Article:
How 28 Pushups a Day Changed My View of Goal-Setting

Building the skills to set and hit a great goal

Recently, George Hood, a 62-year-old man held himself up in a plank position for a world record 8 hours and 15 minutes.

As most people know, a plank is an exercise where an individual lays down and then proceeds to raise themselves up, until they are resting on their forearms while keeping their legs, back, and chest straight. It doesn’t sound too difficult when you read it, but if you’re bold enough to try it, you’ll find out just how mind-blowing the new world record is.

When 2020 started, I wanted to add an element of physical fitness into my regular daily rhythm. For me, it was pushups. I had read stories of soldiers, athletes, and leaders who have a daily pushup regimen, so I wanted to see what I could do in the span of one year.

Over the last seven months, I’ve made even more progress than I could have ever imagined. I’ve seen the power of small things done consistently over time. I’ve developed a new skill and have seen how the power of small daily wins spread over a large goal can help you accomplish any new skill you set your mind to.

Doing pushups every day has transformed my thoughts of fitness and my physical strength. Here’s the method I used that helped me.

Set a goal

I knew I wanted a challenge, to really master a new skill and craft. However, deciding on a goal is like trying to parallel park on a crowded downtown city street. You need to get it just right.

I started 2020 by writing down that I wanted to do 10,000 pushups throughout the year. That math breaks down to roughly 28 pushups every day for 365 days.

Setting a goal is important for two reasons: it gives you something to aim for and something to track against. It gives direction and an idea of progress.

Every day, my direction compels me to knock out my 28 pushups. I am moving towards a bigger target. That target, in turn, gives me an endpoint to know how I’m doing throughout the year.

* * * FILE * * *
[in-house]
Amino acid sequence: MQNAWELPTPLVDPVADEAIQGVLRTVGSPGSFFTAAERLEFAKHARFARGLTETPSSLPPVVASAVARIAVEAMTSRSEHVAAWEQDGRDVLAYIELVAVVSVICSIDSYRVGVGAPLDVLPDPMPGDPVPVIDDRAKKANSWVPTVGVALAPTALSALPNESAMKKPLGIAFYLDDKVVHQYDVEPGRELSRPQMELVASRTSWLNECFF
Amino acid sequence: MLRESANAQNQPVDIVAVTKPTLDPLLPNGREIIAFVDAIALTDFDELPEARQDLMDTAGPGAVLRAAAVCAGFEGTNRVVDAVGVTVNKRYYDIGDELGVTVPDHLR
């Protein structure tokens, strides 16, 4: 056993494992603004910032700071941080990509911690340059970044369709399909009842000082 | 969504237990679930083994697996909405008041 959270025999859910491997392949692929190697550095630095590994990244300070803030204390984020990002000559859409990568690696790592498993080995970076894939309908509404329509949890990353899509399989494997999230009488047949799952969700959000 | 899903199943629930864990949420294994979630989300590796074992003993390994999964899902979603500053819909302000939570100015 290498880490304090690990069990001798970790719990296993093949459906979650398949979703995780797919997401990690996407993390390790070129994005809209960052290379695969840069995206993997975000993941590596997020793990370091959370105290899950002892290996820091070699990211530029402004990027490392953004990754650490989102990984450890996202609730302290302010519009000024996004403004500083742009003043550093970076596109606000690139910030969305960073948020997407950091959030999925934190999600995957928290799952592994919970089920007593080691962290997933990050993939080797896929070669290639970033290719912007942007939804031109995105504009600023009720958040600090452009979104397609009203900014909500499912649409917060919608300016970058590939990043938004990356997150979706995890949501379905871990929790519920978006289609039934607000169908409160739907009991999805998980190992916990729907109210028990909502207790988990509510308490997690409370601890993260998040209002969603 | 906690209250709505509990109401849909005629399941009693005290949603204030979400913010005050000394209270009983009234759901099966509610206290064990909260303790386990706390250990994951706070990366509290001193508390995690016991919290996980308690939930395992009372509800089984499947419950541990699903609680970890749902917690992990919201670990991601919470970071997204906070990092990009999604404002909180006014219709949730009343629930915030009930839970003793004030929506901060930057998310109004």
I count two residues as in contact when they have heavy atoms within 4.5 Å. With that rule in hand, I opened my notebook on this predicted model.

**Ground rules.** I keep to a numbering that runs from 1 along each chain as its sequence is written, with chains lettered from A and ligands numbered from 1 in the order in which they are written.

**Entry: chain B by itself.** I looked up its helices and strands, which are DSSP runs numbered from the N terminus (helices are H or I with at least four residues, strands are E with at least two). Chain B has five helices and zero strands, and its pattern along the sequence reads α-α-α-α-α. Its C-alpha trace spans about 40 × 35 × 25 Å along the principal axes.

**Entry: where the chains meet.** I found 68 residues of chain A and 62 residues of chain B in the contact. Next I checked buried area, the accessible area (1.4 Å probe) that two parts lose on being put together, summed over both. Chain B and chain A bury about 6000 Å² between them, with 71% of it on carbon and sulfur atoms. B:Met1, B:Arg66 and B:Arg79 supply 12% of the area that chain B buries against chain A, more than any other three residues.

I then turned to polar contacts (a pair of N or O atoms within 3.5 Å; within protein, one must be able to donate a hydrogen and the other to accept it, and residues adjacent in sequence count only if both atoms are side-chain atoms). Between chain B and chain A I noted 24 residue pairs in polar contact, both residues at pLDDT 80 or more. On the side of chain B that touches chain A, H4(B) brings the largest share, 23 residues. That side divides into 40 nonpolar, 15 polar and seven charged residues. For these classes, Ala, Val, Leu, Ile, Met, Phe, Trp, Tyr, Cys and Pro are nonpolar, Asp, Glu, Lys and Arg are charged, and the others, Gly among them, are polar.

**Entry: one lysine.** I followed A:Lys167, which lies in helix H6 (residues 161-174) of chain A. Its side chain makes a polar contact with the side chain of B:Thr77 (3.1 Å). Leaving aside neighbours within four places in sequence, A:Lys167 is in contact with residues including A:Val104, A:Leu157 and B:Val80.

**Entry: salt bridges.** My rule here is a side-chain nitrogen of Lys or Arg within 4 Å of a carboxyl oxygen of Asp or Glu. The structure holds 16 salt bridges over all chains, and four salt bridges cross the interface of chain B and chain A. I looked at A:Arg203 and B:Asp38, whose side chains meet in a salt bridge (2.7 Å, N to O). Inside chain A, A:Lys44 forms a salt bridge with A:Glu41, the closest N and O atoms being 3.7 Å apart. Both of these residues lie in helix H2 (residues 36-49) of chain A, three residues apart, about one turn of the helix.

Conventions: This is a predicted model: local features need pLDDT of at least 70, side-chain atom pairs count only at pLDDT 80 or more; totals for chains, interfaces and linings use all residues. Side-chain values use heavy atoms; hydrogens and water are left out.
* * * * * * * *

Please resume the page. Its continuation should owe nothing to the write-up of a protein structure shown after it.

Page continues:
My goal allows me to know if I am actually growing in the skill I am pursuing.

Invite accountability

Doing something every day requires discipline and intentionality. Both of these focused can be difficult, even for the paragons of grit and determination.

That’s why accountability is so necessary. For me, I pitched the idea over to my dad and my brother-in-law. I explained the motivation and asked if they wanted to set a 2020 pushup goal as well. My brother-in-law decided to match for 10,000 pushups. My dad went for a goal of 5,000.

Without these two also doing the challenge, I wouldn’t be where I’m at right now. I would have likely given up in February, or as most people know it, the graveyard of annual goals.

Inviting people into your goals isn’t a sign of weakness. It’s actually a sign of how serious you want to achieve your targets. Most people will be hard-pressed to ever master a skill involving a few other people in the process.

Create a system to track

As John Doerr says in his aptly named book, you Measure What Matters. If you have a goal in mind to push you towards learning a new skill, you need to have some way of tracking your progress if you wish to be successful.

For us, I knew we’d need something that was accessible and easy to update. So I created a google sheet and shared it with my family.